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16 and racism.” However, as I progressed, I realiz ed that the majority of the section titles were unsuitable as many of them were not in the form of terms or concepts but rather were general statements such as “public polic y and private action” or questions like “why are some people homosexual?” Because of this problem I had to find a sample of concepts to examine both the textbook and Wikipedia Luckily, each chapter within the textbook features a number of “key terms” which are not only found throughout each of the examined chapters but that also provide comparable topics for comparison within Wikipedia (Keith and Ender, 2004). From the chapter on “gender,” the key te rms selected are: bisexual, gender, gender role, heterosexual, homophobia, homosexual, sex, sexism, sexual harassment. One additional topic was selected that was not a key term, but a topic which was heavily discussed within the textbook chapter was the concept of ‘gender inequality.’ While the list of key terms found within the chapter featured more terms including ‘innate,’ ‘lesbian,’ ‘sanctions,’ and ‘sodomy,’ I did not include them in the present study because I believed them to be either too far rem oved from a study of sociology (innate and sanctions) or redundant (lesbian and sodomy). In other words, because the terms ‘innate’ and ‘sanctions’ may have a loos e connection to the topic of gender and sexuality they are much more general than th e terms included. Moreover, as the articles on “homophobia,” “homosexual,” and “sex” are already being ex amined I do not believe that the inclusion of two more terms adds any new or interesti ng results. For the chapte r on race, I selected the following topics: ethnic group, institutional racism, prejudice, racism, and race. The terms that were excluded are: biological ch aracteristic, disfranc hise, exploitation, life chances, morphological, and stealth racism. Once again these were not all of the available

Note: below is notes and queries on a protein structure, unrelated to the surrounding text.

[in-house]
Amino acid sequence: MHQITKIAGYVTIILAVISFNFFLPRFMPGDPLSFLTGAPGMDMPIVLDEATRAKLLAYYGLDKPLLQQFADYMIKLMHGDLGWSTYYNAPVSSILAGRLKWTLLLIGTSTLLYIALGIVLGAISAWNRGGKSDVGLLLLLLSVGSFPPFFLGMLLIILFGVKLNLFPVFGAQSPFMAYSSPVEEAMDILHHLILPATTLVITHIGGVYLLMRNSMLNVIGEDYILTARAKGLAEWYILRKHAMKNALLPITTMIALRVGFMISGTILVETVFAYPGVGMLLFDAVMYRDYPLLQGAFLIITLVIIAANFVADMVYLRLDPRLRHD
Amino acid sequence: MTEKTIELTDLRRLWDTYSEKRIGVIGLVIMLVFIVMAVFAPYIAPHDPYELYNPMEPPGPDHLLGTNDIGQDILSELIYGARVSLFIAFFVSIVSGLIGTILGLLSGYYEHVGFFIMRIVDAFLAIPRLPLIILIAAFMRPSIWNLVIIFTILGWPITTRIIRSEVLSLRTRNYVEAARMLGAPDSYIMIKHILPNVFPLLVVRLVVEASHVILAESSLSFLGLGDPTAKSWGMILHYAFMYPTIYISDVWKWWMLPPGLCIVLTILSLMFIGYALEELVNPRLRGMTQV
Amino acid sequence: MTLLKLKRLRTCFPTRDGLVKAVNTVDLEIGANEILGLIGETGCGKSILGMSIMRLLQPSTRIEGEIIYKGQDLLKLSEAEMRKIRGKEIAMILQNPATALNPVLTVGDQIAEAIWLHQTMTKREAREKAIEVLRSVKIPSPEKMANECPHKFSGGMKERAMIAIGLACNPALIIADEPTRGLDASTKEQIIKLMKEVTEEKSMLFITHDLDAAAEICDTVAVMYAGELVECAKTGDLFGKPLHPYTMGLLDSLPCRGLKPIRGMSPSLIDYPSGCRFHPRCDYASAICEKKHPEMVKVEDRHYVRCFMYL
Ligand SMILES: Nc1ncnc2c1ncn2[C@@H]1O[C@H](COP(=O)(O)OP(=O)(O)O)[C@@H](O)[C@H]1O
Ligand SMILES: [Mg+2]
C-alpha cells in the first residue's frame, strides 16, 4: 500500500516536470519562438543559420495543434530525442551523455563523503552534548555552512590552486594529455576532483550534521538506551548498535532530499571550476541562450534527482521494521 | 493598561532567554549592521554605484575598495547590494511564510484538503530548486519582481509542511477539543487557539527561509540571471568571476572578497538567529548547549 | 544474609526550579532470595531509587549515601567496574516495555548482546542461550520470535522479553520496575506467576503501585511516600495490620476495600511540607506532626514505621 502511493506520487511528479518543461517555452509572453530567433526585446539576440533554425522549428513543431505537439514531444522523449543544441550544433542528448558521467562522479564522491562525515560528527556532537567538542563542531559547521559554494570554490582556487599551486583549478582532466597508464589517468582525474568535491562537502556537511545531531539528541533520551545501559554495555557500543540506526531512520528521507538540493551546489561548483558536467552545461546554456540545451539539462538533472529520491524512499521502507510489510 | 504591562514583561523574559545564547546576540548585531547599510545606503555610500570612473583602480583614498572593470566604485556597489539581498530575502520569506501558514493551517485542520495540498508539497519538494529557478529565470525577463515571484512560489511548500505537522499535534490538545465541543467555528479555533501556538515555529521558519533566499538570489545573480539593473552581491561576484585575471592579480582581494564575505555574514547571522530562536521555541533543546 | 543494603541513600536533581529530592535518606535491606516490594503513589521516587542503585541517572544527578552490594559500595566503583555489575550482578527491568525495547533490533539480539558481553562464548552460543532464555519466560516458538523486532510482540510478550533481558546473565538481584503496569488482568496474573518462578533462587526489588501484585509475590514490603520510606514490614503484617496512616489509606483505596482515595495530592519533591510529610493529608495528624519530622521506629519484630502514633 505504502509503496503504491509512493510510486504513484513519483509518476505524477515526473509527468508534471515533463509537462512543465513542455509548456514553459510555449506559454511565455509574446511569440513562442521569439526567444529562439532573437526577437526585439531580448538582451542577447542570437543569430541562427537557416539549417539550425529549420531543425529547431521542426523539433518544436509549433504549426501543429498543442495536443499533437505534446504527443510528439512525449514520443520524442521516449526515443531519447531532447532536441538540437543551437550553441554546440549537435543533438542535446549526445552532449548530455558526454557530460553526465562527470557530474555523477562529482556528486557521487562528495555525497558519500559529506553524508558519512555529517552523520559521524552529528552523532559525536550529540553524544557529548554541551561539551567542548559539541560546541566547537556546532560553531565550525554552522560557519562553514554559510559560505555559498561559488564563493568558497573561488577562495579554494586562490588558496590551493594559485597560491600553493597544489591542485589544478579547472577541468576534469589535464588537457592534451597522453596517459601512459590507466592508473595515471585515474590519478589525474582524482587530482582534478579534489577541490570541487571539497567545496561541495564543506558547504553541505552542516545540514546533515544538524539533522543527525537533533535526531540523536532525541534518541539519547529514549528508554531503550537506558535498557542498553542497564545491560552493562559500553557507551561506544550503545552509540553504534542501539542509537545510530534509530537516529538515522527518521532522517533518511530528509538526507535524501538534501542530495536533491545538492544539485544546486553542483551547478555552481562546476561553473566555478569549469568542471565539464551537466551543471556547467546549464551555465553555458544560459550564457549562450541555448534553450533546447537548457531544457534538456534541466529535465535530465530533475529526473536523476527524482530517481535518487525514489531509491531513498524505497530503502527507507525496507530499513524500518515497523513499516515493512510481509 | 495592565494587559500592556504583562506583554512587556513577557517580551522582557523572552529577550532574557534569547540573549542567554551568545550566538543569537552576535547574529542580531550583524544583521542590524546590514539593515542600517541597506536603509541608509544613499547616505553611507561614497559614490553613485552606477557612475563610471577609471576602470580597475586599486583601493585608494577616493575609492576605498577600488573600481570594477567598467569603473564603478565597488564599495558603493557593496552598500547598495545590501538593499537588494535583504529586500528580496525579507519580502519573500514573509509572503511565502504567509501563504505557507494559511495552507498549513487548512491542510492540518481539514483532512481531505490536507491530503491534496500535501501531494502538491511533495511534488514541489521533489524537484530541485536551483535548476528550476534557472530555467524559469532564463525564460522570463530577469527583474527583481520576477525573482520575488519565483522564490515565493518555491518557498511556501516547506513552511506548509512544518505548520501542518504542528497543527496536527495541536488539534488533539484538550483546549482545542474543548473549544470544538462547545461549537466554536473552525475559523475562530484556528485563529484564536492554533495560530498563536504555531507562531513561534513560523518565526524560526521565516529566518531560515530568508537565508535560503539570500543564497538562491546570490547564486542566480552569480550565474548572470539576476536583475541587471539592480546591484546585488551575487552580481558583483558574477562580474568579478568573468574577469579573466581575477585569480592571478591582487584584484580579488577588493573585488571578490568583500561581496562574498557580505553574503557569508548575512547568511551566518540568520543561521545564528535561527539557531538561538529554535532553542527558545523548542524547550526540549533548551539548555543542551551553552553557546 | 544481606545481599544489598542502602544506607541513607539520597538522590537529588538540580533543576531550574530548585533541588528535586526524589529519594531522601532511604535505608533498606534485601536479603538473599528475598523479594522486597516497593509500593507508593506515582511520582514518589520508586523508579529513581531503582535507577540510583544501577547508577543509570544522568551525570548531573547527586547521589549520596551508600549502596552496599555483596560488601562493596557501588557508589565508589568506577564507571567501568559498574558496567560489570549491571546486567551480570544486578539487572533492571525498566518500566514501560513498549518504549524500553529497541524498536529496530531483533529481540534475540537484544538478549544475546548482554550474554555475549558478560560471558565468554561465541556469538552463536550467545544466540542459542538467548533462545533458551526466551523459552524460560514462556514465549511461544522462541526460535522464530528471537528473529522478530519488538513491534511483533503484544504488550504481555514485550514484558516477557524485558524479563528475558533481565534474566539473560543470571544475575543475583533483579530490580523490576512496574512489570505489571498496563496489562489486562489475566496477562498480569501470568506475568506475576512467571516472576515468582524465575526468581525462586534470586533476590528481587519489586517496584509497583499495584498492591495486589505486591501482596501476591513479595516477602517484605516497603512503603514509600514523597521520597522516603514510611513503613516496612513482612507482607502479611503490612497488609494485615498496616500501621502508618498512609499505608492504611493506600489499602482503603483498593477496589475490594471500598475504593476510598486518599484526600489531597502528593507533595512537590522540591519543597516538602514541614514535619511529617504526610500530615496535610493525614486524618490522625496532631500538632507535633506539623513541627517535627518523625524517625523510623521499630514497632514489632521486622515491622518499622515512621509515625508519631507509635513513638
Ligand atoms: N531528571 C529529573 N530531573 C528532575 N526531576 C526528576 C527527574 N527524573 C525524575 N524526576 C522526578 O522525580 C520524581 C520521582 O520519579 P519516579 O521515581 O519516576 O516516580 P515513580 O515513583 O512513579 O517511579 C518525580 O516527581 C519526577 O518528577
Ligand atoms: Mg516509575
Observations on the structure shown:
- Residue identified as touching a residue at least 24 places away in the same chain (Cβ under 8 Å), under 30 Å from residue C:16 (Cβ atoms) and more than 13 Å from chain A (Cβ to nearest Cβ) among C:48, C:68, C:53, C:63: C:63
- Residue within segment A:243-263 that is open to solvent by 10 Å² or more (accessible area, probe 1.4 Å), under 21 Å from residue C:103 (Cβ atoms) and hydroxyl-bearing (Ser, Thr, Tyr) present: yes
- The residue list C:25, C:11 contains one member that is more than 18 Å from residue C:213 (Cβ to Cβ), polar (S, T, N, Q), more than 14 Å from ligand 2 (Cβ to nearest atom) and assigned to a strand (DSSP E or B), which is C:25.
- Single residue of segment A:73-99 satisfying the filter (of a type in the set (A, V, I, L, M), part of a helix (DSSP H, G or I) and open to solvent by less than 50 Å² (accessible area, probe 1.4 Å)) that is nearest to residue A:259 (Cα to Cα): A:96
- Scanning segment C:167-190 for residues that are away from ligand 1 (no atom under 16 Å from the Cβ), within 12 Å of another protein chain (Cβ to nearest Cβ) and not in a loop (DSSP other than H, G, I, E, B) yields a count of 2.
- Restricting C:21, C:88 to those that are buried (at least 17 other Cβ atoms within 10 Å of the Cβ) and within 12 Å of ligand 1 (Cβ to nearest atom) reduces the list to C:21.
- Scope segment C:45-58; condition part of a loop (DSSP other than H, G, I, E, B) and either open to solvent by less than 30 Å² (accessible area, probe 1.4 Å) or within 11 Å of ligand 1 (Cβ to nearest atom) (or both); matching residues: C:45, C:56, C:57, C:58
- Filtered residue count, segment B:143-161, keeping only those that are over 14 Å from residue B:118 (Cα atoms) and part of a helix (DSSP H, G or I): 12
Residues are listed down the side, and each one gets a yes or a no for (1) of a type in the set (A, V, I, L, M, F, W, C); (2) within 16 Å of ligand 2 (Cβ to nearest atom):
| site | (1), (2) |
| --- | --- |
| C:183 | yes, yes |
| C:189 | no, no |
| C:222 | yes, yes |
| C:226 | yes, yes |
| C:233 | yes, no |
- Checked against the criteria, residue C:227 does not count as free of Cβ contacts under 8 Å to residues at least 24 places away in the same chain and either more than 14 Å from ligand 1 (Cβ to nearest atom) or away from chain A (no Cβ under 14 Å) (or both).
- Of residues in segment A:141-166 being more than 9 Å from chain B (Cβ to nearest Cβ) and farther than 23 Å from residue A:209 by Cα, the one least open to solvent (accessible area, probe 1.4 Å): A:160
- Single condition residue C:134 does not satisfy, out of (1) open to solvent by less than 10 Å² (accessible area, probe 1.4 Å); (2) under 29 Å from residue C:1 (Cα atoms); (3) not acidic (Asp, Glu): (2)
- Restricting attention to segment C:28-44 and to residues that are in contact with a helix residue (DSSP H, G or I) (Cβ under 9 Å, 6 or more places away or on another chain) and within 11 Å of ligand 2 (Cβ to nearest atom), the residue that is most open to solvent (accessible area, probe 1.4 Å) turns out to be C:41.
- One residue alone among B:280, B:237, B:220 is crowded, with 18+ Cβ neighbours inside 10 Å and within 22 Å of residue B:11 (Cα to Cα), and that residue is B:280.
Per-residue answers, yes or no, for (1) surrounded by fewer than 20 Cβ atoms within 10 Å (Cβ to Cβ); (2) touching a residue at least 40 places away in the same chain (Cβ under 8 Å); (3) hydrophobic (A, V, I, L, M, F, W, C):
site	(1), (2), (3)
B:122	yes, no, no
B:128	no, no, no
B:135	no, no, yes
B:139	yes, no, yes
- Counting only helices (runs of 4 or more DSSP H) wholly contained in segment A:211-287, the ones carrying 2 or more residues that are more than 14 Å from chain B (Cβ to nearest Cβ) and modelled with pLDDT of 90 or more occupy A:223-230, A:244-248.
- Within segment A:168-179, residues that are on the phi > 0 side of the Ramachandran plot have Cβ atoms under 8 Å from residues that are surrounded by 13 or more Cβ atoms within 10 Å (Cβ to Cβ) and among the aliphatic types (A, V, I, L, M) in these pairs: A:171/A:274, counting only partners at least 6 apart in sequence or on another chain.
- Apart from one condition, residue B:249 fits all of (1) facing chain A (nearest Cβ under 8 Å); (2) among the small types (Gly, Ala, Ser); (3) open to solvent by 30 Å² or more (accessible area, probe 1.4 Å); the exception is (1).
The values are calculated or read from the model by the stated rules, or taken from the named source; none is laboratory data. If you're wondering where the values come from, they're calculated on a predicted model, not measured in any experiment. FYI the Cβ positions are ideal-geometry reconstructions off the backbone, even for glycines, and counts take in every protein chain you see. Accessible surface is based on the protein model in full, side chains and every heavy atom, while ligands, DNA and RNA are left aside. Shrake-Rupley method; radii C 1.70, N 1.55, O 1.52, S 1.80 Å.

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17 key terms but, like the chapter on gender there were a number of terms that were much more specific to the book than to the study of contemporary social problems or that the terms not used were simply redundant.6 Before I continue, I would like to discu ss in a little more detail the problem I encountered in finding proper matches. Not unexpectedly, because textbooks and Wikipedia have different aims, it was not always possible to find a Wikipedia article which mirrored a term found in the textbook. For example, one term from the race chapter that was excluded because of this pr oblem was ‘stealth racism.’ This term in Wikipedia ’s search engine turned up no search results. Wikipedia does not have an article with that title. I will return to this in my methodological reflections at the end because these problems in “matching” textbook keywords and Wikipedia entries reflect the very important differences in how knowle dge is displayed in each site. Based on the many dimensions of authority identified in the previous sections, I will be examining a number of questions that fall under two broad ca tegories: (1) what constitutes authority and (2) how is authority displayed? In referen ce to the first question regarding what constitutes authority I will be examining: 1. How many citations are featured in each topic (gender or race)? a. Measured: Number of citations, nu mber of unique works cited, and percent of cited works av ailable/not for retrieval 2. How current is the information? a. Measured: Dates of works cited 3. From what location is the citation? 6 The Wikipedia articles used were accessed between October 3, 2008 and January 31, 2009.